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Fiction. Art. Translated from the French by Veronika Stankovianska and David Vichnar. Philippe Sollers' groundbreaking 1973 novel H was inspired by the May 1968 Paris student/worker uprising, and, in its own right, performs a revolt against much that's been (and still is) taken for granted in the belles lettres. Described as "a music that is inscribed in language, becoming the object of its own reasoning" (Julia Kristeva) and as an "unpunctuated wall of words, an extremely active [...] mass of language" (David Hayman), H does away with plot, character and setting—and, on the typographical level, with punctuation, capitalisation, or paragraph breaks—in order to attempt what Sollers himself called "an external polylogue." The text performs an infinite fragmentation of subjectivity into a polyphony of ventriloquized voices where "words turn round and come back, producing a material fullness of pleasures" and "everything is organized into a splendid series of irrelevancies" (Roland Barthes). It is this fulness of H, this "suffocation" it produces, that might be, with Barthes, termed its "beauty." Accommodating a vast range of tonalities, attitudes, modes, and ideologies, H makes a case in point of how a literary work should function according to Sollers: "A work exists by itself only potentially, and its actualization (or production) depends on its readings and on the moments at which these readings actively take place." H is the first English- language translation of this influential experimental text.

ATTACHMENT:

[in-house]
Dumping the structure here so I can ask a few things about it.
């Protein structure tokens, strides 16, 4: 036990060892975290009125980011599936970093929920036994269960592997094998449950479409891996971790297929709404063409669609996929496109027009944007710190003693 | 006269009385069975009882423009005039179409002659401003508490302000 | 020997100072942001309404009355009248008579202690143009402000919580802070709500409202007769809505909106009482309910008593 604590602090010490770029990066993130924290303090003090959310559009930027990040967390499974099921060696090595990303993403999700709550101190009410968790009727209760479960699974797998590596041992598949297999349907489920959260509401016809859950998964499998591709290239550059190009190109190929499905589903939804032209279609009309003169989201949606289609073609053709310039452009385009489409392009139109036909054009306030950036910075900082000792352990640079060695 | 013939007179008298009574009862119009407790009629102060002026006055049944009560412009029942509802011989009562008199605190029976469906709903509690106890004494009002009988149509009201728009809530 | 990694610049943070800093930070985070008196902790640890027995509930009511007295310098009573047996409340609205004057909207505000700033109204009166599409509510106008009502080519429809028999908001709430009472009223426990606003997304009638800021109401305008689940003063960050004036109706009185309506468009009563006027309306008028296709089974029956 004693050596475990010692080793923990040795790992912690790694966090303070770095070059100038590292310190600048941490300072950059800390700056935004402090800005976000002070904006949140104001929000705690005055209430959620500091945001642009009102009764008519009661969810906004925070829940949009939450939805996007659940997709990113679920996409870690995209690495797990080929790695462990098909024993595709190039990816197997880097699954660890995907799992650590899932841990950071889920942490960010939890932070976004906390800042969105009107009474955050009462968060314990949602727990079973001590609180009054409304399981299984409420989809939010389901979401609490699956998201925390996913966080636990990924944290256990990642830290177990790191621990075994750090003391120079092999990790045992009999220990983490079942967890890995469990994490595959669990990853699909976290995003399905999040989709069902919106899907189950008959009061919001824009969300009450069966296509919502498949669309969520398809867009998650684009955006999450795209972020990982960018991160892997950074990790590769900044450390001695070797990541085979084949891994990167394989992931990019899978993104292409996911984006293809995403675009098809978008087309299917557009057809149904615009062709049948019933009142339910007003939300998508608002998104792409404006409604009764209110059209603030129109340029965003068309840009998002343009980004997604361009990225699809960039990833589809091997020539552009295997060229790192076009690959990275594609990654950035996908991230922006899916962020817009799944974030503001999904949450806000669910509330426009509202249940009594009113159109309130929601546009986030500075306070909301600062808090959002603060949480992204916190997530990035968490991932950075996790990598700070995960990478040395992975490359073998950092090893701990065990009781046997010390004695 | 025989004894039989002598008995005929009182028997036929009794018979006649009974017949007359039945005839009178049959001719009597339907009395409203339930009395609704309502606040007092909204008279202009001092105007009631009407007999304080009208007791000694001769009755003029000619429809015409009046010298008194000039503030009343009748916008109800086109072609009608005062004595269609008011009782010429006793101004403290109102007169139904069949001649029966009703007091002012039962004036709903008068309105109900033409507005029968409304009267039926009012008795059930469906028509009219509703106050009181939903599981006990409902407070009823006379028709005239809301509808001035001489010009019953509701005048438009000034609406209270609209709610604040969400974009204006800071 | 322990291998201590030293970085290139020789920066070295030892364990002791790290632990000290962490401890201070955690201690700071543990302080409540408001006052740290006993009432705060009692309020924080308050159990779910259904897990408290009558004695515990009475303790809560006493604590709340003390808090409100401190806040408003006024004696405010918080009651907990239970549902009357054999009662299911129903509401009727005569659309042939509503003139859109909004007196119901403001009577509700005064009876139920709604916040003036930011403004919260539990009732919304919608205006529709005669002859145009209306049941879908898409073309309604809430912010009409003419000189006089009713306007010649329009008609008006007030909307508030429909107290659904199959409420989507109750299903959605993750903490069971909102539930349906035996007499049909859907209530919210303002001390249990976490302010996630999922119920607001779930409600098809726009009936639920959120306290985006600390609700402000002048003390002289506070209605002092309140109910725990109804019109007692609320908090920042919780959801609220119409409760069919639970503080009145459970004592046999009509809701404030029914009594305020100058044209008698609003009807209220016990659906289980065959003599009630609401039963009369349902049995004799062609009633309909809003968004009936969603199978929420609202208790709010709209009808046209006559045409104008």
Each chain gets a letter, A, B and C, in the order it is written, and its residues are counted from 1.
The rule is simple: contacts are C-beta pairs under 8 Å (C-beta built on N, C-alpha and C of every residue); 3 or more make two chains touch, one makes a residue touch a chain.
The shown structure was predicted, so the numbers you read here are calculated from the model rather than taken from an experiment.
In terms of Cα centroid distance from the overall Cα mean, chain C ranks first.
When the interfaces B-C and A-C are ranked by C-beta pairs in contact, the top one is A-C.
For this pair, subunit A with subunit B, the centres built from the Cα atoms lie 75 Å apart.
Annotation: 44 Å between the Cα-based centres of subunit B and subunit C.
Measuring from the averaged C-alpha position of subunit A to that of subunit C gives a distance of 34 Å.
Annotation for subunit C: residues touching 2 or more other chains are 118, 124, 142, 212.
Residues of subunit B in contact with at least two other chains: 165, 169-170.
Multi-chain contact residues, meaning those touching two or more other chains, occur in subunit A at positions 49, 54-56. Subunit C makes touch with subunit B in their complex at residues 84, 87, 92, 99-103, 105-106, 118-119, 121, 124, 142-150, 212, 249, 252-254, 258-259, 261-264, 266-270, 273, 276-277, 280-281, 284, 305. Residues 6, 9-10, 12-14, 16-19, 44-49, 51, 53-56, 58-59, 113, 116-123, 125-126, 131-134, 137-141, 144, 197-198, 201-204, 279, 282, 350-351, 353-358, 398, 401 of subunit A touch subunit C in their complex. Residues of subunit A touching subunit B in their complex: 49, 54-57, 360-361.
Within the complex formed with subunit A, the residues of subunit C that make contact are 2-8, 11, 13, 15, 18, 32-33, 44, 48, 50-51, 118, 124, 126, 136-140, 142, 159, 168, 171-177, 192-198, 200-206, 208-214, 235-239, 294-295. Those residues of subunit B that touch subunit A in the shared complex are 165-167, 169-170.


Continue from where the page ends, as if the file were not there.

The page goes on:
Philippe Sollers is, quite simply, one of the most important post-war French writers, critics and public figures. The avant-garde journal Tel Quel, which he cofounded in 1960 with the writer and art critic Marcelin Pleynet, gave a voice to a whole generation of French theorists, philosophers, writers, & activists. Sollers was also at the forefront of the May 1968 student revolutions in Paris—an experience behind his "external polylogue," the textual stream entitled H (1973), whose English translation was published with Equus Press in late 2014. Sollers' most famous works include Nombres (1966), Lois (1972), Paradis (1981), or Femmes (1983).Author City: PARIS FRA